“Anyone else hate guitars?” asks Michael D’addario, the younger half of The Lemon Twigs, as their set at Manchester’s Ritz comes to a close. “The only thing worse than a guitar is two guitars!”. So much for nearly every fellow indie-rock band on the planet then. “I hate the drums”. At this point, it’s difficult to know whether he’s intoxicated or just plain strange. Nevertheless, he and his big brother Brian, along with their touring band, have just delivered a stunning performance.
Were you in Bristol or North Somerset last night (June 4)? Many people took to social media during the evening to ask why there were so many helicopters scuttling across the sky. Some were disturbed by the loud noise in the sky after dark and wondered what all the commotion could be. Today (June 4) there have been some concerns it was to do with security. It was nothing to worry about and unconnected from awful events in London.
Each year around 175,000 people descend on the green fields of Glastonbury Festival laden with camping supplies, tents, sleeping bags, camp stools and all the kit needed to spend a comfortable weekend in a muddy field. Sadly not everybody takes their gear away with them afterwards. The Glastonbury aftermath is well-documented.
Muck Rack makes it simple to find people, tweets, or articles that mention any name, keyword, company, hashtag etc. We've compiled this guide to help you make the most of your search.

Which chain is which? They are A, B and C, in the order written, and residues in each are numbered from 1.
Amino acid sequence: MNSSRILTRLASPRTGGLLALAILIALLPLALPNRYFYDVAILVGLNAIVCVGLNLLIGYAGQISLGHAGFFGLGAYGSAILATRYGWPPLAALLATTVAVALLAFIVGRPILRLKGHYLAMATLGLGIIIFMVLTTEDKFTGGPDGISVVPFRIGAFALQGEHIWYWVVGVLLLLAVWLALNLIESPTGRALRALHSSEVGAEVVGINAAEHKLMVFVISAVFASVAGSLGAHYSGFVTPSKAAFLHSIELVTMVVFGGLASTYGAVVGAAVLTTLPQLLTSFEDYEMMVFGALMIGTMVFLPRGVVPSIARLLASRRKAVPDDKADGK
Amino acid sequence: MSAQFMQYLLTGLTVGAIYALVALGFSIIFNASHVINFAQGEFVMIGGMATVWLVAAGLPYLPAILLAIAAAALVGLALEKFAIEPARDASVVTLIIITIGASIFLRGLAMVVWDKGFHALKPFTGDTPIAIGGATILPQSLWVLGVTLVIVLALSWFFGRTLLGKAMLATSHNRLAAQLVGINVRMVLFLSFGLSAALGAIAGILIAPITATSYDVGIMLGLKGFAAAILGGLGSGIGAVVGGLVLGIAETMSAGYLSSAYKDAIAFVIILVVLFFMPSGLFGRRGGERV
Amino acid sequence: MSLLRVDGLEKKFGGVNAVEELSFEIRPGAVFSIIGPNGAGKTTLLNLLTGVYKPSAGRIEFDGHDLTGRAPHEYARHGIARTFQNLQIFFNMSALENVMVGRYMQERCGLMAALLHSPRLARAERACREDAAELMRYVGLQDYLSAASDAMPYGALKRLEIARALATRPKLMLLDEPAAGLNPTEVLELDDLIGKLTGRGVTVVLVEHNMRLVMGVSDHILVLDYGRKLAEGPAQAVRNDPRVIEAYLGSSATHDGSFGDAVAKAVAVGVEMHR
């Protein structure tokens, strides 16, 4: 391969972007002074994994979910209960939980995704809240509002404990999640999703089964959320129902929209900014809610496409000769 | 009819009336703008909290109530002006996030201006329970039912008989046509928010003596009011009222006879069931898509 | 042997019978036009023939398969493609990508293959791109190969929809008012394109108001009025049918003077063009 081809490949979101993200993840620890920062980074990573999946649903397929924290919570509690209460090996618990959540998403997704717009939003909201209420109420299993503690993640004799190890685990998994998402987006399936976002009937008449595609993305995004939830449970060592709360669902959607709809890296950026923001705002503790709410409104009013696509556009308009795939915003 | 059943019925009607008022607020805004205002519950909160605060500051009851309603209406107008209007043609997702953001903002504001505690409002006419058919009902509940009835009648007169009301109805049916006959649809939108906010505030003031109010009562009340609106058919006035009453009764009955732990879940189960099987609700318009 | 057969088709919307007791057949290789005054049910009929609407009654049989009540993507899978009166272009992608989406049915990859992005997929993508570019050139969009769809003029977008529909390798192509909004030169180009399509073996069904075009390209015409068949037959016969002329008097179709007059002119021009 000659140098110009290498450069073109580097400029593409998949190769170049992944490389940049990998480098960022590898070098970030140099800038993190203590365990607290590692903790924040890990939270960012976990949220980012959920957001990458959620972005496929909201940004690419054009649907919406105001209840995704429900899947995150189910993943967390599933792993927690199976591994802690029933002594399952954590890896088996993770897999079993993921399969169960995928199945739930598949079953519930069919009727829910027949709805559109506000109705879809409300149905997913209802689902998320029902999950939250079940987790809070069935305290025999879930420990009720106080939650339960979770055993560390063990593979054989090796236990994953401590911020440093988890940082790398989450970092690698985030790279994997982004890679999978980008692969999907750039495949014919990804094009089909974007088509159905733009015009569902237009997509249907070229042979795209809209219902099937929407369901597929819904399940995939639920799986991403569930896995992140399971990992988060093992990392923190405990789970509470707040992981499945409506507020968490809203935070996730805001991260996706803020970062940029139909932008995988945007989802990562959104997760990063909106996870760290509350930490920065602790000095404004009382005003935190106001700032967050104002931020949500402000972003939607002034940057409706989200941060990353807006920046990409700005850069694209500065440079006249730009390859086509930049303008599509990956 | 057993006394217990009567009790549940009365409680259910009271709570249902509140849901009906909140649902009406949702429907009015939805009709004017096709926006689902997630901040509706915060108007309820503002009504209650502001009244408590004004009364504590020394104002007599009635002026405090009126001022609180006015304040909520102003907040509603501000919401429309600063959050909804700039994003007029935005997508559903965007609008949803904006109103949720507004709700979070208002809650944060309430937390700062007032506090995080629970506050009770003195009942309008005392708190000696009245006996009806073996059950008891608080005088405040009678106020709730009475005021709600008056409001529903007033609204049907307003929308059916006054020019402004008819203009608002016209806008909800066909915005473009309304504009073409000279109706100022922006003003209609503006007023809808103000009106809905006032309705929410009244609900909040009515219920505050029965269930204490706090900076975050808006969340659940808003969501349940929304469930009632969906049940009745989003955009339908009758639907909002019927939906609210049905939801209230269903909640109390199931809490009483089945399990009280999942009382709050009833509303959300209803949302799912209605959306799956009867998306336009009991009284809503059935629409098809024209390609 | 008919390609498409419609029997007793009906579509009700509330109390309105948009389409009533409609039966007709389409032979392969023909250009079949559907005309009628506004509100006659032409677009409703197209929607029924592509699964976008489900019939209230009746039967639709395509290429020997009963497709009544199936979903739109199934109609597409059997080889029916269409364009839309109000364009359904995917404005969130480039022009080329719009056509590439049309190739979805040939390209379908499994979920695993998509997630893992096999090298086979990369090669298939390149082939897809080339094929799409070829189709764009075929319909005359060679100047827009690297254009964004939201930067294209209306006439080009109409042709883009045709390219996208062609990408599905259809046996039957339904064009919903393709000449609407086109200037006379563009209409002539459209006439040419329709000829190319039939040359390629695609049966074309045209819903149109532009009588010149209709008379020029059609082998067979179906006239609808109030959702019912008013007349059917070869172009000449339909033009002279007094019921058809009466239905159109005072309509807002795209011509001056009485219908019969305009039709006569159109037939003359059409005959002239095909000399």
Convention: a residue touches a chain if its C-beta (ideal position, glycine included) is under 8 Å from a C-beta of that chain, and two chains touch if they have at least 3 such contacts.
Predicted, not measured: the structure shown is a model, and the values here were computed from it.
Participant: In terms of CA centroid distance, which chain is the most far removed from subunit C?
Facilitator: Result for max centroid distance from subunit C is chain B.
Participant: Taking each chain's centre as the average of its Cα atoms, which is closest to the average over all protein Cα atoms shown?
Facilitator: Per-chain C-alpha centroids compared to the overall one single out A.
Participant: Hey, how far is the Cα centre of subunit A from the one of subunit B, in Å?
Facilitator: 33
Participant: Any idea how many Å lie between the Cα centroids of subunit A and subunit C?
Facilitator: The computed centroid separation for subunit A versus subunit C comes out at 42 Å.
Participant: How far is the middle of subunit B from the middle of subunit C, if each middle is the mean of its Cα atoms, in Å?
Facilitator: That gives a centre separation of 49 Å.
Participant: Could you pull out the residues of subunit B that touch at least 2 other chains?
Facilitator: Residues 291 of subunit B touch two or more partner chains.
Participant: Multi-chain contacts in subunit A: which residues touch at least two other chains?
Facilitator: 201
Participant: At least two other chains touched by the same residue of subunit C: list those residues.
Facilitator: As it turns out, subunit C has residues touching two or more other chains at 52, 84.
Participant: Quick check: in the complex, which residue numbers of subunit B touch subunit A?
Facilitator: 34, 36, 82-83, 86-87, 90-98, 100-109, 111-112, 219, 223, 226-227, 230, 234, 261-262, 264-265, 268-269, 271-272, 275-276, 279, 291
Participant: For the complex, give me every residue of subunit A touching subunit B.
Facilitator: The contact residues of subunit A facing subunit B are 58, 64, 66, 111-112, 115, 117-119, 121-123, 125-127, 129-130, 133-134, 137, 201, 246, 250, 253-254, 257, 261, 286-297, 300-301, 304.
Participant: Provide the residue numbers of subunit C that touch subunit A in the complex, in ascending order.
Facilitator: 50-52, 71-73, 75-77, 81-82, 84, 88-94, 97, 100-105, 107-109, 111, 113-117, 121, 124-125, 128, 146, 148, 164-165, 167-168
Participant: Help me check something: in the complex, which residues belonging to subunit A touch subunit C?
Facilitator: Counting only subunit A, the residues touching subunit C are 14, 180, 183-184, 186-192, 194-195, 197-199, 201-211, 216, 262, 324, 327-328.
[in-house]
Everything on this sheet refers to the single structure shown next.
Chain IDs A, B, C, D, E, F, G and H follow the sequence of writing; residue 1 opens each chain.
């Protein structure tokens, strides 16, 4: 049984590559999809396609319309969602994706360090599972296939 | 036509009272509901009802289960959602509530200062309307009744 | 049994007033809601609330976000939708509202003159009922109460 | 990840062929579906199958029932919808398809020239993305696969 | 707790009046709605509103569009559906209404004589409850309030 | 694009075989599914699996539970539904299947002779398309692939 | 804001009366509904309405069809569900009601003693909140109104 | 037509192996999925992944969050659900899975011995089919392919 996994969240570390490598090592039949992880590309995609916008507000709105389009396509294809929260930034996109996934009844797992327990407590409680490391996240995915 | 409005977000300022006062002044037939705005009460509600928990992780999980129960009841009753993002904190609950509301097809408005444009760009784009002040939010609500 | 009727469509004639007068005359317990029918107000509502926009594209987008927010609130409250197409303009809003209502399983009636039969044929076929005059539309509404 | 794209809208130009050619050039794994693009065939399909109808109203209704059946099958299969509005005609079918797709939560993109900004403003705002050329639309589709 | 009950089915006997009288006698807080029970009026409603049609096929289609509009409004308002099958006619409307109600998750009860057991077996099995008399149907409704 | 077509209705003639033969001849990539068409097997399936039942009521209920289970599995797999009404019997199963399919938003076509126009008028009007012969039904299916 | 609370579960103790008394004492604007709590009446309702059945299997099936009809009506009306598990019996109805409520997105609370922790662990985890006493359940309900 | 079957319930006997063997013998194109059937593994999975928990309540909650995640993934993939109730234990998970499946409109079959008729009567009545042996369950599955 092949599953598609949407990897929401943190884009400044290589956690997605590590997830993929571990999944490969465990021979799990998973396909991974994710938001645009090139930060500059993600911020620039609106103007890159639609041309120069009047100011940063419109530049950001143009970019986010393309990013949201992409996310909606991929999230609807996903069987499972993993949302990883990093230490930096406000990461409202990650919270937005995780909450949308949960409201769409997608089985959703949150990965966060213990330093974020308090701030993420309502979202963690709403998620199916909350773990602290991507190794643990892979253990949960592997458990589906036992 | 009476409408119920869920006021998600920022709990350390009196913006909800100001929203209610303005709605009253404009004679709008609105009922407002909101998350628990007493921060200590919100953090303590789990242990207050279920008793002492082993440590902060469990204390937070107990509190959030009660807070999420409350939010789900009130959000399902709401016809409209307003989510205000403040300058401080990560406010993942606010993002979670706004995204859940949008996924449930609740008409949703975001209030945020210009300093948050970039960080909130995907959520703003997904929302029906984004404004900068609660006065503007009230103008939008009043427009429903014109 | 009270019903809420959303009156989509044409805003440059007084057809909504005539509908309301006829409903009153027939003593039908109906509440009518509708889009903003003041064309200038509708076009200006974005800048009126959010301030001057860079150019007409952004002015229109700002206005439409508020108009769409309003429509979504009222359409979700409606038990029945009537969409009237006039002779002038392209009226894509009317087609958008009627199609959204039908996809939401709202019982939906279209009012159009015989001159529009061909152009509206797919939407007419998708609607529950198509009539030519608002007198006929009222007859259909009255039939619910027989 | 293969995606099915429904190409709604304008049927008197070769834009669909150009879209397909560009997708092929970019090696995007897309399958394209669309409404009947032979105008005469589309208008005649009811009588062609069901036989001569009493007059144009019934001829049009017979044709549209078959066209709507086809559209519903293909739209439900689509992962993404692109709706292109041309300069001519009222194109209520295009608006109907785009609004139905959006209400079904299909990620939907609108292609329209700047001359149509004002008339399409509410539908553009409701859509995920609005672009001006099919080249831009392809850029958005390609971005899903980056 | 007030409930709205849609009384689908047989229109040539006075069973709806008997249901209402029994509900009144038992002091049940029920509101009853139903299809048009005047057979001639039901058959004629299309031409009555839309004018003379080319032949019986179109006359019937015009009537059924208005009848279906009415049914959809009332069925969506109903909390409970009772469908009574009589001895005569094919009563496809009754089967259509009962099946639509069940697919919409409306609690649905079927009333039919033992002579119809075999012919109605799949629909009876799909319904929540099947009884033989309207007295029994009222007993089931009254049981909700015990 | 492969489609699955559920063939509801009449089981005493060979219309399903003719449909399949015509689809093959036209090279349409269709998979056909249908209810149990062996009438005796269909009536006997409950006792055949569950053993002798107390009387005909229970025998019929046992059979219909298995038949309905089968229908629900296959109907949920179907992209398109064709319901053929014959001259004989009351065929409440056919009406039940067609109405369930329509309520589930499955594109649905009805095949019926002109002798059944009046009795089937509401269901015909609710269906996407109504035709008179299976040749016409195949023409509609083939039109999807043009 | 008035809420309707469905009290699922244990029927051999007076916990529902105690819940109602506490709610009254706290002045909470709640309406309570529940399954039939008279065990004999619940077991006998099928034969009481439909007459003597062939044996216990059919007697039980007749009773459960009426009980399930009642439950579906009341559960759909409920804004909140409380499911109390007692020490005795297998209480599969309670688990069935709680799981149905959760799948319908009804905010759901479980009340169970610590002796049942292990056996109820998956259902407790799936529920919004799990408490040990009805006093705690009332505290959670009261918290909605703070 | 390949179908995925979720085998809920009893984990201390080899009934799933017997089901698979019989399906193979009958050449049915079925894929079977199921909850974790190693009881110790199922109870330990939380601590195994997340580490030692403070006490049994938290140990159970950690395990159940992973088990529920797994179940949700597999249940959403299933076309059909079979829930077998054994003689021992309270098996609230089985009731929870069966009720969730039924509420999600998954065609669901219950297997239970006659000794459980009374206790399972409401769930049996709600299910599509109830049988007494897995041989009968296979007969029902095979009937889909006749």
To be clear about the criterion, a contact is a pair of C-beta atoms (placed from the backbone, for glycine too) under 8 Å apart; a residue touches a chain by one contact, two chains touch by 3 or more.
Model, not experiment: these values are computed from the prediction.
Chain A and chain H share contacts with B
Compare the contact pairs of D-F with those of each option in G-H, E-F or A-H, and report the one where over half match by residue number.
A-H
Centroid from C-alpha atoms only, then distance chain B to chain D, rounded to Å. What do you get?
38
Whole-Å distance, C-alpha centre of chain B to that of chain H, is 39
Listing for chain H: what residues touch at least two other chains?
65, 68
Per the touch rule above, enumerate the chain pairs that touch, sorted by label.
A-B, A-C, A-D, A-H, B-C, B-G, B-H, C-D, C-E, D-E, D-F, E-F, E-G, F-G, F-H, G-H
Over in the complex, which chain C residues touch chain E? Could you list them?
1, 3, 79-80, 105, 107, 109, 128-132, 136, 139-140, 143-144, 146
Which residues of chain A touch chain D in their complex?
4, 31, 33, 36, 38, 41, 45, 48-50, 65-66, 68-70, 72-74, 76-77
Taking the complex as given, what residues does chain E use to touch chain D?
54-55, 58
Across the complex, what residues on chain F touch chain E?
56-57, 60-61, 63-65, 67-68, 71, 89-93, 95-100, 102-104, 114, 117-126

Selecting a term
Start searching tweets, articles from media outlets, articles mentioned in tweets, journalists'
names, titles and bios with some suggested searches:
Companies or Topics (e.g. iPhone, Microsoft)
Phrases (e.g. "cloud computing") — use quotes to keep the terms together
Twitter handles (e.g. @username) — returns those who have mentioned or replied to
Names (e.g. "David Pogue")
Hashtags (e.g. #sxsw, #london2012)
Bio details (e.g. vegan, Olympics, father)
Muck Rack's Advanced Search allows for many boolean operators.
Find results that mention multiple specified terms, use AND or
+. For example, ensure each result contains both Elon Musk and Mark Zuckerberg by
searching Musk AND Zuckerberg or Musk + Zuckerberg.
Use the operators OR or , to broaden your search when you'd like either of
multiple terms to appear in results. (This is the default behavior of our search when no operators
are used). For example, results will contain either cake or cookie by searching cake OR cookie or cake,cookie
Use NOT or - to subtract results from your search. For
example, searching Disney will yield results about the Walt Disney Company as well as Walt Disney
World Resort. To exclude mentions of Disney World, search for Disney -World or Disney
When using one of these operators with a phrase, enclose it in quotation marks. For example, you can
find results about smartphones excluding Apple's iPhone 4S by searching smartphone -"iPhone
Exact case matching or punctuation
If you're searching for a brand name or keyword that relies on specific punctuation marks or capitalization, you can
find results that match your exact query by adding matchcase: before the keyword you're searching for, like matchcase:E*TRADE .
Use parentheses to separate multiple
boolean phrases. For example, to find journalists talking about having fun in Disney World or
Disneyland, search for ("disney world" OR disneyland) AND fun.
An asterisk can be used to search for any variation of a root word truncated by the asterisk. For example, searching for admin* will return results for administrator, administration, administer, administered, etc.
A near operator is an AND operator where you can control the distance between the words. You can vary the distance the near operation uses by adding a forward slash and number (between 0-99) such as strawberries NEAR/10 "whipped cream", which means the strawberries must exist within 10 words of "whipped cream".